Big Tech's "rock stars" are known by their first names only. There's Larry and Sergey, Bill and Steve, and even Mark and Meg.
So it is for the Big Tech commentariat, where two of the most revered names are Walt and Kara. That's Walt Mossberg and Kara Swisher of The Wall Street Journal's "All Things Digital."
Recently, the two went on The Charlie Rose Show to discuss how mobile technology is revolutionizing our economy and our way of life. As Kara put it, mobile has become "your remote control for everything in your life." Kara and Walt described how wireless is changing healthcare, business strategies, social networks and just about everything else.
Kara and Walt did a wonderful job describing the benefits and the potential of wireless. If you care -- and don't we all -- about the future of the mobile economy (a growing subset of the U.S. economy) the Rose episode reinforced how American consumers increasingly embrace wireless technologies, holding great hope for growing our economy as firms match demand with supply.
Supply and Demand
However, that hope won't come true by itself. To secure it, we need to address the dwindling supply of wireless spectrum -- before it becomes a crisis. Spectrum, the invisible airwaves that carry data to our mobile devices, is rationed by our federal government. Satisfying consumer demand for commercial wireless that Kara and Walt reported could run into a bottleneck due to lack of supply as the available spectrum gets maxed out. The federal government must free up more spectrum for commercial wireless use -- and do it soon.
According to a federal report issued last June, Americans are developing a voracious appetite for wireless data. From mid-2011 to mid-2012, as Americans gravitated to smartphones, our total wireless data use grew by more than 100 percent, to more than 1.1 trillion megabytes. As Walt put it, "The percentage of people doing their reading, their transactions, their [social networking] on mobile... is just soaring."
This is also the reality that led Kara to offer a blunt warning to businesses about recognizing the importance of the mobile user: "If you don't have a cogent mobile strategy that actually makes money, you're in a little bit of trouble."
When Did Noah Build the Ark? Before the rain.
However, the real threat to demand from the mobile economy is the entirely predictable and avoidable bottleneck in supply created by the Federal Communications Commission's agonizingly slow process of making more wireless spectrum available to satisfy demand from mobile users.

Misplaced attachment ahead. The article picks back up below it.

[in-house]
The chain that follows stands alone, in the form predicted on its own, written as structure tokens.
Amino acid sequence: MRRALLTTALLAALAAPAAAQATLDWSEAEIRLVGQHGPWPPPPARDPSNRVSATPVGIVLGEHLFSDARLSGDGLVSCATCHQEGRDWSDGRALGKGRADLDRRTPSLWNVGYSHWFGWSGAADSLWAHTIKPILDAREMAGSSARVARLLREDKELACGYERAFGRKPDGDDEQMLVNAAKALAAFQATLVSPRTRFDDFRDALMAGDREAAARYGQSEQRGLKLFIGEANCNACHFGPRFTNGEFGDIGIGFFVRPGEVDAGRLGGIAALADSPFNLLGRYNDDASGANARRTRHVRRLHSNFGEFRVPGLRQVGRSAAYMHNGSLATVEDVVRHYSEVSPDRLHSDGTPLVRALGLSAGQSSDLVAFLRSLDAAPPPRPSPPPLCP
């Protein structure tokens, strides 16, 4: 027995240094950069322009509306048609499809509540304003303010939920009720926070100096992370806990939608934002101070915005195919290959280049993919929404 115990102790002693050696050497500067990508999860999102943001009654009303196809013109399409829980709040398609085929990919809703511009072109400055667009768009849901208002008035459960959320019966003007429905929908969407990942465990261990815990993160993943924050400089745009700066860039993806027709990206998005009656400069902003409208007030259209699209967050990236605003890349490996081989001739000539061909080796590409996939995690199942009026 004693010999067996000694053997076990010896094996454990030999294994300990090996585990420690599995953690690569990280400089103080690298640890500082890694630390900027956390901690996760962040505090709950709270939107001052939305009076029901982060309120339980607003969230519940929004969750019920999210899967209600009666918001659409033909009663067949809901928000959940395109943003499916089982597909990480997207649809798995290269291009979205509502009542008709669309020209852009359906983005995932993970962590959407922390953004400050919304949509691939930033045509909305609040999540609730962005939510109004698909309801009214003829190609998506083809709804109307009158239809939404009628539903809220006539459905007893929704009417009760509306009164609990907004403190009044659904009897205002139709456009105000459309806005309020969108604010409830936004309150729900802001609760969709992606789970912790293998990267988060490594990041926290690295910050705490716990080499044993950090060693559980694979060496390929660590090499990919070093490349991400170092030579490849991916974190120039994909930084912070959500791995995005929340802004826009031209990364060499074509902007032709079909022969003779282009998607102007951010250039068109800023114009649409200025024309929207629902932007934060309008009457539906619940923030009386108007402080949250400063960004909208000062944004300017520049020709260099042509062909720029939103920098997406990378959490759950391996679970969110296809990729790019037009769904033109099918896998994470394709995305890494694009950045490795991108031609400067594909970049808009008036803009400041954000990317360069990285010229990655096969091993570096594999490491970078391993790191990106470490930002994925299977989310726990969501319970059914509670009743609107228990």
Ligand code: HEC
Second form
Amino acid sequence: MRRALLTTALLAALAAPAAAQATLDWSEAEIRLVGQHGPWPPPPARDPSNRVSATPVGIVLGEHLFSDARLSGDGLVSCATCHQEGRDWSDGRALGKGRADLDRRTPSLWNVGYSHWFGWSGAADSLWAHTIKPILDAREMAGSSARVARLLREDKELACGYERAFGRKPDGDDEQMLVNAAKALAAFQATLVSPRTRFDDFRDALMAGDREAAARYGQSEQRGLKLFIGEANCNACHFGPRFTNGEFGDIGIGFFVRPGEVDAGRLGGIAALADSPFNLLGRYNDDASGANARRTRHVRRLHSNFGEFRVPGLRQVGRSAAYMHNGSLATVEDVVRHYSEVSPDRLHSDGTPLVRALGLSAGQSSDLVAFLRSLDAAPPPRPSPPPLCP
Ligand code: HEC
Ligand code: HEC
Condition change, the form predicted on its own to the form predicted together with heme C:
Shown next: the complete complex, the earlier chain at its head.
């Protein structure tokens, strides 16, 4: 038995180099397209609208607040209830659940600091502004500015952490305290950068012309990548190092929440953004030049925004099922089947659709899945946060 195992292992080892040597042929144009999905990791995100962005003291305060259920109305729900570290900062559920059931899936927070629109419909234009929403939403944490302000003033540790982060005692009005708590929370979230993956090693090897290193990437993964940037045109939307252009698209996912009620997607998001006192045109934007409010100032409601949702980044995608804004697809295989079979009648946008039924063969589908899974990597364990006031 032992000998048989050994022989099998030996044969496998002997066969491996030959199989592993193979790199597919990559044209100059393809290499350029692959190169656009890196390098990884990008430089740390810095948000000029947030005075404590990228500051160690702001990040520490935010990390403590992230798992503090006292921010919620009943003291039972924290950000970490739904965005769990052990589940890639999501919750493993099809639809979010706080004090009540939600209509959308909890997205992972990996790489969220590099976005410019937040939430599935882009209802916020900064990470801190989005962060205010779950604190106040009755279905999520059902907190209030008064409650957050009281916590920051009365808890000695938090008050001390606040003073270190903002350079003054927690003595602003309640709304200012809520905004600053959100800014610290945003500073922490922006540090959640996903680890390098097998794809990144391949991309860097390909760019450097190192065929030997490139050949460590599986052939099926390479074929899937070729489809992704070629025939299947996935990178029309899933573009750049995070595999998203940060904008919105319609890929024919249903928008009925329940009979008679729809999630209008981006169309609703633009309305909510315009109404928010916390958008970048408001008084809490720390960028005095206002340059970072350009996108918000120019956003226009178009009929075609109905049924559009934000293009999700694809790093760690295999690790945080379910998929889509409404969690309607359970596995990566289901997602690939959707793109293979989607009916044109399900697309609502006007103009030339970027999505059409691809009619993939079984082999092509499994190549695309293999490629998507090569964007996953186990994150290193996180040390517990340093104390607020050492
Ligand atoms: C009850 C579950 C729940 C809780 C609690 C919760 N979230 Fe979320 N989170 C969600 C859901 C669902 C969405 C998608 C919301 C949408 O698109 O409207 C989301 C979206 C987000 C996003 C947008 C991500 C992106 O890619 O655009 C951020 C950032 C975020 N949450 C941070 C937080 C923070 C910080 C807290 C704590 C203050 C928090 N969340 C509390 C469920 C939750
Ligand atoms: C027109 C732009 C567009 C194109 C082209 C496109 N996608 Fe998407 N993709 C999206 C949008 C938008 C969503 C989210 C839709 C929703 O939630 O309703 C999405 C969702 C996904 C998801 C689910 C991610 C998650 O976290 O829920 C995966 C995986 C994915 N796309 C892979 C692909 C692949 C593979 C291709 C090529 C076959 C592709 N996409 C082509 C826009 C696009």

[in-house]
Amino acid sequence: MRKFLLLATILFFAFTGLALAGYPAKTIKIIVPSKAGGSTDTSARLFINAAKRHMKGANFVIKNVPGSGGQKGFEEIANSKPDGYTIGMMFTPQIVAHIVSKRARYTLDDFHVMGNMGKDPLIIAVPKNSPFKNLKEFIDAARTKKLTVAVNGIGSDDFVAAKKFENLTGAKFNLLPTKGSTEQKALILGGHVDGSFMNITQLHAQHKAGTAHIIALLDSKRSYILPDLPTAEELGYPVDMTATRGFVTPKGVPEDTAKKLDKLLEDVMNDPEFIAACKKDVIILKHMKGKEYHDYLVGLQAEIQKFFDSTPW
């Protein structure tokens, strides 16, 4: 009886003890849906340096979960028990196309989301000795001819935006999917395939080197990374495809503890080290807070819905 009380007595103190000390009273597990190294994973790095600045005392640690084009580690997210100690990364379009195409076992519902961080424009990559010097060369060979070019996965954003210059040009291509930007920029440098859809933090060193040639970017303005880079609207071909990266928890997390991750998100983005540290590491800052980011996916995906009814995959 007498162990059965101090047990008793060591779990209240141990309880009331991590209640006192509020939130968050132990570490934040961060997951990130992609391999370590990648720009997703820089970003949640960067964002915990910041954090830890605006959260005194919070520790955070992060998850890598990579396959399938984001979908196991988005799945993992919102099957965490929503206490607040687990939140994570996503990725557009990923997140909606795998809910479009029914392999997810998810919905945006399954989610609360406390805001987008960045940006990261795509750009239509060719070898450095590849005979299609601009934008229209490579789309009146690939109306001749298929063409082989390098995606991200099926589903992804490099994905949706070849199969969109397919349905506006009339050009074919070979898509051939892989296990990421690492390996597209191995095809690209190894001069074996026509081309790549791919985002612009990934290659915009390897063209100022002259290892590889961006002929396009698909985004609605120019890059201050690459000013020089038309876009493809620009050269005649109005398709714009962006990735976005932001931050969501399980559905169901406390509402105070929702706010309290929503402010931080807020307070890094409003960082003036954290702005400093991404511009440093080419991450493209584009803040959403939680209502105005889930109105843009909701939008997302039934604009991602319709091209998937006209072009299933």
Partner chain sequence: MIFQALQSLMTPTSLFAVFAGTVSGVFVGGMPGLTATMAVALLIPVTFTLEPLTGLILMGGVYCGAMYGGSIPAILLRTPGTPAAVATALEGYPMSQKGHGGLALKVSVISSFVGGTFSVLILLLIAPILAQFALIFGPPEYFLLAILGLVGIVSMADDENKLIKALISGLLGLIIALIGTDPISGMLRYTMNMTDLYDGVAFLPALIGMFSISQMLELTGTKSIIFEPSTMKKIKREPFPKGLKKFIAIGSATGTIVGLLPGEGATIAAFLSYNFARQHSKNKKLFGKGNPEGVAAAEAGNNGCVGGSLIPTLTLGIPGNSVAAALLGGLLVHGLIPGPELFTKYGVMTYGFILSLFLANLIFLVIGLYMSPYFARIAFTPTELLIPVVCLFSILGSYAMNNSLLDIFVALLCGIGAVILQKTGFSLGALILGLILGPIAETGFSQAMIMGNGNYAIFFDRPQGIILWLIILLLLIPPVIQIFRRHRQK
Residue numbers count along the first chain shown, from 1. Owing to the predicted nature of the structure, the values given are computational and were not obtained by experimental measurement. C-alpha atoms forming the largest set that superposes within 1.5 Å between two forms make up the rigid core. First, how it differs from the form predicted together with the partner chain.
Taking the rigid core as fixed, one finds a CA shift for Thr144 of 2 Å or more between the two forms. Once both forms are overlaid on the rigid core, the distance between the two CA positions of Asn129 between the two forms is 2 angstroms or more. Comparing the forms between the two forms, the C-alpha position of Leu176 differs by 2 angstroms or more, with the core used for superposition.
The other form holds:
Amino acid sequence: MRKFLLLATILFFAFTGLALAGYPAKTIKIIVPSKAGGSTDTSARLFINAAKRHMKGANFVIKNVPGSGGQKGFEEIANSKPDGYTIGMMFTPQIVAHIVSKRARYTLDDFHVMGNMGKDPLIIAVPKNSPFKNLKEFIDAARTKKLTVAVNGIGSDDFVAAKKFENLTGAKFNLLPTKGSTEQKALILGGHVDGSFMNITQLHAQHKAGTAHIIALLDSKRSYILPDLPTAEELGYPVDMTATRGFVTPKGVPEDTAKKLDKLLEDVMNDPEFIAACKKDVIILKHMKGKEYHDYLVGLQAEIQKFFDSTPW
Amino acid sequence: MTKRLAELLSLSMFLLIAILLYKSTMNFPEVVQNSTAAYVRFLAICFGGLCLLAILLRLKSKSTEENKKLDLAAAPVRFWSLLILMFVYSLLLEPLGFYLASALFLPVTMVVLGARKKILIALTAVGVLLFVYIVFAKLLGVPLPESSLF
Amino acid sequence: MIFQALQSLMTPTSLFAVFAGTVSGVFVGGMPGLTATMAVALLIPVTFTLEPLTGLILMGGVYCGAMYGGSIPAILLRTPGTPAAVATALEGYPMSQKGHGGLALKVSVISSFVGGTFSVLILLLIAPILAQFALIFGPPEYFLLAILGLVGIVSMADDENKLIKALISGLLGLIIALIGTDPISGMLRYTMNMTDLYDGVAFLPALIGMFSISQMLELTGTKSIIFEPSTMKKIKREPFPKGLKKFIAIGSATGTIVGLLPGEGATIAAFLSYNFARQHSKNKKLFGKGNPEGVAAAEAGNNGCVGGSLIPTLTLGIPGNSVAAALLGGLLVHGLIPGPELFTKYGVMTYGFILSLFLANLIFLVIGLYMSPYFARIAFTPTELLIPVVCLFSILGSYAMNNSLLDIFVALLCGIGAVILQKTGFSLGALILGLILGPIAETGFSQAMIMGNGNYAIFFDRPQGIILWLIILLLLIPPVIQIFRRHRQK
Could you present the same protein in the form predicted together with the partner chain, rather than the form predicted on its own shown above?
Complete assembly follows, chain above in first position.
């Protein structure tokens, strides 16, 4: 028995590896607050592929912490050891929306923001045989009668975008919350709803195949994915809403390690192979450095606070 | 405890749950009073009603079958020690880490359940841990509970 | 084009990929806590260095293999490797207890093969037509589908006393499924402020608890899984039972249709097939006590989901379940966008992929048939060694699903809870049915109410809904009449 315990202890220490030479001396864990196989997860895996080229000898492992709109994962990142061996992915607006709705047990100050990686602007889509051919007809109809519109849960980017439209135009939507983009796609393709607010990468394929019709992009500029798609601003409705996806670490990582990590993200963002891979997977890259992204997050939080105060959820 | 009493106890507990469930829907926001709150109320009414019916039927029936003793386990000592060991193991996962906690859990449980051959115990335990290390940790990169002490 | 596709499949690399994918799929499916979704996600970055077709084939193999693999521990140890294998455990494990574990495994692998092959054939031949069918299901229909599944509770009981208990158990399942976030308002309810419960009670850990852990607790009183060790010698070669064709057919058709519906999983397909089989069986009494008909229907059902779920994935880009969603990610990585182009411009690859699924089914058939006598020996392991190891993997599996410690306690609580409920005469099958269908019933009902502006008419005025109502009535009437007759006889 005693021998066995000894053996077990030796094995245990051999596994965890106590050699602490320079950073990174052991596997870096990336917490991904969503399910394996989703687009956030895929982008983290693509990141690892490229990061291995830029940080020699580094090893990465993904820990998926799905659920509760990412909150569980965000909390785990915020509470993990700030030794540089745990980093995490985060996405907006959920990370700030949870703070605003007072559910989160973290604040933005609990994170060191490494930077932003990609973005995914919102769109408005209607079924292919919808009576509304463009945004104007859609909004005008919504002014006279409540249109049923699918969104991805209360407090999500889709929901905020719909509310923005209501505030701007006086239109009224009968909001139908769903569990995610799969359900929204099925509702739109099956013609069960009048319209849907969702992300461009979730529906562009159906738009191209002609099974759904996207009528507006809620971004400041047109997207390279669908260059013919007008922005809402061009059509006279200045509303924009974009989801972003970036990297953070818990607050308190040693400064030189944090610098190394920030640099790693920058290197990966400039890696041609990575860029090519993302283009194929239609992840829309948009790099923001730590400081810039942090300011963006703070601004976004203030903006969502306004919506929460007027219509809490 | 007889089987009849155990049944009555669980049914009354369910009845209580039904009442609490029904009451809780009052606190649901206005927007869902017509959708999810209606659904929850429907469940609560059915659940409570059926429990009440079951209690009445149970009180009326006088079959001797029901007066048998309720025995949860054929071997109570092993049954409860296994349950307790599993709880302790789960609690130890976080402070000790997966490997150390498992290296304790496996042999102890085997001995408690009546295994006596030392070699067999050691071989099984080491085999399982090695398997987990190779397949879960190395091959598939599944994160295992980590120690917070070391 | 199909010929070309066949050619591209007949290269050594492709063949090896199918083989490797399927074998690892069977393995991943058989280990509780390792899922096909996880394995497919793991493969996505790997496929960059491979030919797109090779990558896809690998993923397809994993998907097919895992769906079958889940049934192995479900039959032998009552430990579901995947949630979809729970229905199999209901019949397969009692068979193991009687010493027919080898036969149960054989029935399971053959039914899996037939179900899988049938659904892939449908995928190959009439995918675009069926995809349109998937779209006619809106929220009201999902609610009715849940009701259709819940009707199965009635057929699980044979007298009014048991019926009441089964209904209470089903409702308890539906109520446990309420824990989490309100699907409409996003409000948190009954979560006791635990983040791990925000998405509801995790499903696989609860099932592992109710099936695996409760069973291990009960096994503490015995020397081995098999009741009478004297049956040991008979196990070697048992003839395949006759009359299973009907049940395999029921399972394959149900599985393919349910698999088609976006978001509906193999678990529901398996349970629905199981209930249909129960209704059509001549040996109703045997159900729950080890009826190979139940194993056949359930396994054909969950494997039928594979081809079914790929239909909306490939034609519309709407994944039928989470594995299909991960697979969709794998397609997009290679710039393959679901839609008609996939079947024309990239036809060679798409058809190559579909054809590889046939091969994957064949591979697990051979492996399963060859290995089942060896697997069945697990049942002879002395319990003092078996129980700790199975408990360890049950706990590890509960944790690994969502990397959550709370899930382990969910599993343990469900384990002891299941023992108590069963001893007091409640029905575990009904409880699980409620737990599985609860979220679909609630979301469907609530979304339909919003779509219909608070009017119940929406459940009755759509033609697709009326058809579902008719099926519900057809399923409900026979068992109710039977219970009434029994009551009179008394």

The primary method the government uses to free up available but unallocated spectrum is spectrum auctions conducted by the FCC. The last FCC spectrum auction was in 2008 -- when Apple didn't have the App Store, and wasn't it great to use 3G to access static web pages? The next spectrum auction is scheduled for 2014 -- six years later. Six years is the life span of a legion of dogs in mobile years.
How has demand for spectrum been affected since 2008? Since then consumers have readily embraced the wireless revolution. More than a third of U.S. households have only wireless phones, a percentage likely to reach 50 percent in the next three years (according to Morgan Stanley's November 19, 2012 telecom industry report). Moreover, a quarter of U.S. patents issued this year are likely to be related to mobile technology, up from just 5 percent in 2001. By all measurements, the FCC should be chomping at the bit to accelerate spectrum auctions.
However, as FCC Chairman Julius Genachowski has warned again and again, we are rapidly running out of spectrum to support the wireless demand. And, while the wireless auctions are expected to take place as early as next year, you don't think there's any risk that the Federal Government might miss a deadline, do you? You don't think that the auction might end up being held in 2015 -- or later? Shall we just tell "demand" to take a number?
Let the Market Work
The projections that Kara and Walt make about our growing mobile economy assume that firms will be able to enter the market to meet demand -- not that available capacity will be artificially withheld due to government controls. Their discussion about the growing mobile economy is based on efficiently matching supply to consumers demand with access to fast, uninterrupted mobile devices. But today's demand trajectory combined with federal inaction creates the potential of a serious bottleneck on U.S. high-speed broadband networks, an avoidable threat to growth in the mobile economy that would contribute mightily to the overall U.S. economy.
But the FCC's woefully slow approach to open more radio spectrum threatens this engine. If mobile is the engine, the FCC needs to step on the gas with its wireless auctions.